IK Multimedia StealthPlug Guitar/Bass USB Audio Interface Cable with Plug-Ins
StealthPlug is the first compact 1/4 in. jack to USB audio interface cable for Guitar and Bass players to plug into the world of software-based amp/effects modeling and recording.

 

 

 

Recording Acoustic Guitars with Microphones

Once you have your audio interface or soundcard and mixer setup, you need to hook up the microphones.  Microphones I tend to like for recording steel stringed and nylon stringed guitars are of the small condenser type.  My personal favorite is the Shure SM81, which captures a wonderful wooden sound with exceptional clarity.  I like this mic because it is long and thin.  This allows for placement close to your strumming hand pointed at the area between the bridge and the sound hole.  A larger condenser mic will sound almost as good if you can get it to the right location without knocking it with your hand.

It takes a bit of experimentation to find what woks best for your style.  The guitar can be hugely dynamic and if you are too close you can overdrive the preamp, which is not a good thing.  We can add processors later in the chain for an overdriven sound.  Even though many preamps can be overdriven the converters on the audio interface cannot be overdriven with destroying the signal.   

Stereo recording

 

sm81+octava m012

Many of the "New Age" guitarists get their sound by recording in stereo.  Typically, one uses the classic "XY" technique with ideally 2 matched small diaphragm condenser microphones.  I find you can use different mics, sometimes with surprising results.  Using this technique the mics are put at a 90 degree angle.  The Mic on the right will point towards the sound hole and the one on the left will point at the bridge. 

K&M 235/1 Stereo Microphone Bar
Easily mount two mics in one stand. Perfect for use with stereo pairs or for percussion micing. Fits any 5/8-inch - 27 male thread. Made in Germany.

 

 

 

Through a Direct Box to a Mixer's Mic Preamp to an audio interface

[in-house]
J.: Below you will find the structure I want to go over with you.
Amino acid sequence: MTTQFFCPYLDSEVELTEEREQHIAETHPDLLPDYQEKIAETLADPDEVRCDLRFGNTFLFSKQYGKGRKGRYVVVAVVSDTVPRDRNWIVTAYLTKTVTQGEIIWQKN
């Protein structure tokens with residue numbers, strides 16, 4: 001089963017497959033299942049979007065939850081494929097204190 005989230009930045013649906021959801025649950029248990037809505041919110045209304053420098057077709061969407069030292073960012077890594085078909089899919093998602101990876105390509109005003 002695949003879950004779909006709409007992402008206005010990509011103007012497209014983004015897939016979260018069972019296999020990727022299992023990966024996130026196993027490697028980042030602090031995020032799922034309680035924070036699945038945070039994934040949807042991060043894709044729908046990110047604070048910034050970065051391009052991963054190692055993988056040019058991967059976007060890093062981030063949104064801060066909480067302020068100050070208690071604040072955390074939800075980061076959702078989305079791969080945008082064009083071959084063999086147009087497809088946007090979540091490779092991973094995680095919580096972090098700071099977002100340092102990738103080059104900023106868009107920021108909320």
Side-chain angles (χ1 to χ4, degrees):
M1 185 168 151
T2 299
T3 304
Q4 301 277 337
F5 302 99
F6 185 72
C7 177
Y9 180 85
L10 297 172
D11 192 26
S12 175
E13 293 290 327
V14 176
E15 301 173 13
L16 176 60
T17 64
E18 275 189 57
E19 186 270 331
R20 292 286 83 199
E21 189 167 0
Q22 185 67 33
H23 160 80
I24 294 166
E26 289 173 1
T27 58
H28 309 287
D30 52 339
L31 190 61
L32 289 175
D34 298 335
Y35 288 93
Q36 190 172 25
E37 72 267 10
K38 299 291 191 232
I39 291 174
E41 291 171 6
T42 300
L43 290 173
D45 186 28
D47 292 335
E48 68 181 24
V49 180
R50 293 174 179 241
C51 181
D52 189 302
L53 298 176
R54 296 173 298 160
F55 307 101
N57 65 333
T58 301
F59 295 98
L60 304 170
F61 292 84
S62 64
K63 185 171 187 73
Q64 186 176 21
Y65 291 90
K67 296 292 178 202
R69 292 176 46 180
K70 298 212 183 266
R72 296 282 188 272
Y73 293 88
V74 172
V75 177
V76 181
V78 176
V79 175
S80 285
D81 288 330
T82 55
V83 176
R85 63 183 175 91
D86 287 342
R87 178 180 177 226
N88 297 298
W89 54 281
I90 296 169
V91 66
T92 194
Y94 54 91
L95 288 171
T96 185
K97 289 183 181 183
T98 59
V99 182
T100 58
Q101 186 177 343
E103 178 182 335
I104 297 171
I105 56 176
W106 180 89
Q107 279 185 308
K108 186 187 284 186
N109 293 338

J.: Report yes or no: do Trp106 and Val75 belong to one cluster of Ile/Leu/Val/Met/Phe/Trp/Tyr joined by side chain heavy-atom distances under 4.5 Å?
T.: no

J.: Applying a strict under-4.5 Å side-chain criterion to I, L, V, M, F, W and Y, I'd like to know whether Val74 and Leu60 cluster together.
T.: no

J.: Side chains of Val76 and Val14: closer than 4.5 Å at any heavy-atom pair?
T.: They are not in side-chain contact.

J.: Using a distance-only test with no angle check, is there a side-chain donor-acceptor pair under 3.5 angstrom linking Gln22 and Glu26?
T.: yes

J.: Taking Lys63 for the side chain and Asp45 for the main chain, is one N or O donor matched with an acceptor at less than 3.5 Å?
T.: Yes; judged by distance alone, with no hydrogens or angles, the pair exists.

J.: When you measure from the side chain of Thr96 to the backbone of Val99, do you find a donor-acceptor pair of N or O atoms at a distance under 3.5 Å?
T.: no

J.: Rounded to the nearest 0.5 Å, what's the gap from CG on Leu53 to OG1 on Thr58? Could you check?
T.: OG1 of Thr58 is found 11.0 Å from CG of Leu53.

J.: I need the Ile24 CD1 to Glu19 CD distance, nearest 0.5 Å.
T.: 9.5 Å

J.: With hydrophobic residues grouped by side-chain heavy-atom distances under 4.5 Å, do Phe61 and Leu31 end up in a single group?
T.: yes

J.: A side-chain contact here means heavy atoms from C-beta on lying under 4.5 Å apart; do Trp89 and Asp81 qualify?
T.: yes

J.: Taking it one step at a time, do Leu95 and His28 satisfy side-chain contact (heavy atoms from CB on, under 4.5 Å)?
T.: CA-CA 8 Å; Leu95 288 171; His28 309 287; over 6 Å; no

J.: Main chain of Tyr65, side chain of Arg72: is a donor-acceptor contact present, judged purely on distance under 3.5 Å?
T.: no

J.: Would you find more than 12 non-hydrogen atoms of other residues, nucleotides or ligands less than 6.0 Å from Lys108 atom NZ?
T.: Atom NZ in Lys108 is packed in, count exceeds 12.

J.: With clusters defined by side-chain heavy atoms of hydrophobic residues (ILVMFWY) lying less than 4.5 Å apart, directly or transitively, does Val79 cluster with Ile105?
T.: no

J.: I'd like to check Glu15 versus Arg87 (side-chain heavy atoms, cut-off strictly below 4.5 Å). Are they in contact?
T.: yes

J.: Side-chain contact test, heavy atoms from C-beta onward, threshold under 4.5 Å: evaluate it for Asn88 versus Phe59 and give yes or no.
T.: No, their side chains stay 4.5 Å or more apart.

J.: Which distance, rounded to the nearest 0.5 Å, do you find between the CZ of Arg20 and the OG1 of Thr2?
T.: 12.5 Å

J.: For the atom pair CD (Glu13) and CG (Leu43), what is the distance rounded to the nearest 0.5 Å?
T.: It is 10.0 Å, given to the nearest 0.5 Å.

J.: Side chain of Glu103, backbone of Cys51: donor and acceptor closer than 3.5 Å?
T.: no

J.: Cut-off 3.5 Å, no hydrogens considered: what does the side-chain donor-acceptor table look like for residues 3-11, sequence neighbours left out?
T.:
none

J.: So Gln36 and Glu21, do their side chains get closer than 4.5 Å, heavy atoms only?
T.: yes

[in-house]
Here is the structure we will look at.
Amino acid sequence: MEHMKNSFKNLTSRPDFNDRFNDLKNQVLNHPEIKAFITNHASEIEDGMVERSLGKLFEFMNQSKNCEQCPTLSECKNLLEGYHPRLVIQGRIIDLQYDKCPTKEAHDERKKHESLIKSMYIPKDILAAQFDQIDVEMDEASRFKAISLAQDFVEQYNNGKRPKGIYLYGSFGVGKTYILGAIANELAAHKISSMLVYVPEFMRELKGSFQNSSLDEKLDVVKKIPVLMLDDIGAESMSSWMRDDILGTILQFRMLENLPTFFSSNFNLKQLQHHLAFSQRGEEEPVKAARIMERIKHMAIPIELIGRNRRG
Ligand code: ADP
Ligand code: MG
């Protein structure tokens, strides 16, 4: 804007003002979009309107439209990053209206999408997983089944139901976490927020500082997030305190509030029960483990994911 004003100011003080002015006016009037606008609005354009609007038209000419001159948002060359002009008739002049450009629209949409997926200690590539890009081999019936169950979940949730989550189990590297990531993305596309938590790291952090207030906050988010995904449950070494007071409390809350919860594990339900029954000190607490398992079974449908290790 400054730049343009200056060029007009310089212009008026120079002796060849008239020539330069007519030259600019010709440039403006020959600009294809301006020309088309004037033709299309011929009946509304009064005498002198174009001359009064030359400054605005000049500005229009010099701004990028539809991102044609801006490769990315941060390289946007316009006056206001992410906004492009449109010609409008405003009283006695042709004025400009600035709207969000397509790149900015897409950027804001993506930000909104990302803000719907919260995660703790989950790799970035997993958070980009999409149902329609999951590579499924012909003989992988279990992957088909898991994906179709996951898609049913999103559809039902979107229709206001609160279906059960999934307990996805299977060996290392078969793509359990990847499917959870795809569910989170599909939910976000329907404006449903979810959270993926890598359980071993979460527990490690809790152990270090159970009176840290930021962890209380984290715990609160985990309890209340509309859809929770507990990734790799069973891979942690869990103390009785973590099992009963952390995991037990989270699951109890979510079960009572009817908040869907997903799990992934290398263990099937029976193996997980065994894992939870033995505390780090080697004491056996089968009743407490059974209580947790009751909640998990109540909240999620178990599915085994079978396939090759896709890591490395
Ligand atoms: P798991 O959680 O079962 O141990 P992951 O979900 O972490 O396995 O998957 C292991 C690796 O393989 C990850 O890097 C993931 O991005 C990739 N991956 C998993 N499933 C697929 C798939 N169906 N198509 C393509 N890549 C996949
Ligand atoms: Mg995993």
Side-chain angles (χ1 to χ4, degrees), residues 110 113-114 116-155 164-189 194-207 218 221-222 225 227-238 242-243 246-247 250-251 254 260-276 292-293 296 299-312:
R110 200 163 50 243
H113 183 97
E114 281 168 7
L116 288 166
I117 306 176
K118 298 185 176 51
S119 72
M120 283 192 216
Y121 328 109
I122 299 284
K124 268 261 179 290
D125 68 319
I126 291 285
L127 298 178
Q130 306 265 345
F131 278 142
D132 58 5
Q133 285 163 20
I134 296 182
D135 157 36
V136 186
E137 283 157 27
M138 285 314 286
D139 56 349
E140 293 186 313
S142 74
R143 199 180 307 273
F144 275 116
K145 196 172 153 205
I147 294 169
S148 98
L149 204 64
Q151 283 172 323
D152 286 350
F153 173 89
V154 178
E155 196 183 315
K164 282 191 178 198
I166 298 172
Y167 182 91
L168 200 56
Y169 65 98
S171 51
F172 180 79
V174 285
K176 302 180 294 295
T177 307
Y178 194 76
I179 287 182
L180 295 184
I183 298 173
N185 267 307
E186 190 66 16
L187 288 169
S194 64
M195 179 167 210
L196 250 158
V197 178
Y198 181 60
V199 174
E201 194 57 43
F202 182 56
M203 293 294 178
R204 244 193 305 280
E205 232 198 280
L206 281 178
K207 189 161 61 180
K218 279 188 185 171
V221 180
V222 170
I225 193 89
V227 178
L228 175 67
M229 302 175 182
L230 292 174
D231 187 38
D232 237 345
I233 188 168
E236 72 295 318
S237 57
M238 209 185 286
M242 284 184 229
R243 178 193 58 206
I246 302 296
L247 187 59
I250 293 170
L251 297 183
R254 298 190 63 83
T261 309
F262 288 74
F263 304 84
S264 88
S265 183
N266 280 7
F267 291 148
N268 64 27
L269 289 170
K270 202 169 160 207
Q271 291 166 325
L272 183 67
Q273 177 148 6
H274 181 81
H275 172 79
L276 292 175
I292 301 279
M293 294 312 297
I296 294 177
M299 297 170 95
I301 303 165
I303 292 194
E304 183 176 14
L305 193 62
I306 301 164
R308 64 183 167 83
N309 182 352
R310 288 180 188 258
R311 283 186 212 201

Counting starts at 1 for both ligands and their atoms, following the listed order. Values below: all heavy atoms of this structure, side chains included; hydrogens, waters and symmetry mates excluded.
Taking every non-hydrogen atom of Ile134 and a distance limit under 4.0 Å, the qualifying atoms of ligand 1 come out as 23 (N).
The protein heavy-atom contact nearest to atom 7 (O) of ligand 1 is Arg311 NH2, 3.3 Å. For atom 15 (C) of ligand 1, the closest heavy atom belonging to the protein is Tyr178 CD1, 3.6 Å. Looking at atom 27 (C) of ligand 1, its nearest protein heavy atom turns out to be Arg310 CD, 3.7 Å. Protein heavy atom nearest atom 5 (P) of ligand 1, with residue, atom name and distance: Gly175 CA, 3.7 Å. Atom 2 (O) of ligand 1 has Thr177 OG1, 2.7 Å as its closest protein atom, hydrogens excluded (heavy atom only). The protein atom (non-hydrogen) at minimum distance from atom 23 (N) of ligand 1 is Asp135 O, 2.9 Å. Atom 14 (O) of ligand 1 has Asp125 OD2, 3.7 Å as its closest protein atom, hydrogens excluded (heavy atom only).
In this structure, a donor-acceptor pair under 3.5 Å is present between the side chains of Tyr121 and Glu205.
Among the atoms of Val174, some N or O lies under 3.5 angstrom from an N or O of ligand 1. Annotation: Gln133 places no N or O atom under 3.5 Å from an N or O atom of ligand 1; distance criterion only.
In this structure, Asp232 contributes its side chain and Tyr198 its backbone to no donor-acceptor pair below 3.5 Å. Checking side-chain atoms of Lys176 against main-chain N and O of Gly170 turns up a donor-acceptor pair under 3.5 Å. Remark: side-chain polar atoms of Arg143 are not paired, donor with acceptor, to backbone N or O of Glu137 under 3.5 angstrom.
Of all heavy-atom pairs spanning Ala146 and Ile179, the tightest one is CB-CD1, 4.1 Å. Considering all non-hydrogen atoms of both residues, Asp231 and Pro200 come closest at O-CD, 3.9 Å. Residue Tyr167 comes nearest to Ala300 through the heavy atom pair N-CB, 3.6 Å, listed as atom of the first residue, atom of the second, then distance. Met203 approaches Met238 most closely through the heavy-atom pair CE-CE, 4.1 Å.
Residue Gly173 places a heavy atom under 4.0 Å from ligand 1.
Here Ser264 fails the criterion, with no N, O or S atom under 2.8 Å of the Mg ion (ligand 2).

Recording the electric axe can be done direct. When we say direct, we mean without an amp.  Particularly today, for the guitarist with an audio sequencer like Sonar or Cubase SX, there are many reasons to do so.  By recording a clean sound, one can add effects later with plugins, when the song takes form enough that you know exactly what tone you need the guitar to be.  Of course you could record your Tube Screamer direct to a sequencer, but in the end you will have to deal with making the screamer fit in the mix.  Cubase SX and Sonar have some great valve plugins that can fool the ear convincingly.  If you do go direct, perhaps the biggest obstacle is getting a good level out of the guitar.  As these are HiZ outputs, they are meant to go to an amp.  You can plug it into the line input of your mixer and sometimes it sounds good.  However, you might notice some interaction with computer monitors and other electrified fields providing you with your old friend, Mr. Hum.  Using single coil pickups hum is at its worst.  Humbucking pickups reduce the chatter a bit, but if you boost your signal there you are again.

 

The time honored solution for recording direct is to convert the HiZ signal to a balanced XLR mic signal with a cool device known as a direct box.  The direct box, in combination with the mic preamp on the board, provides a crystal clear hi-output signal suitable for recording.  There are many models of direct boxes, some with amp simulators, and now some with digitally modeled amp simulators.  I simply use an inexpensive Behringer DI100 and enjoy the hundredfold improvement in the signal to noise ratio of my Ibanez Cardinal which is a guitar of great tonal diversity.  

 

Amped then Mic'd back to your audio interface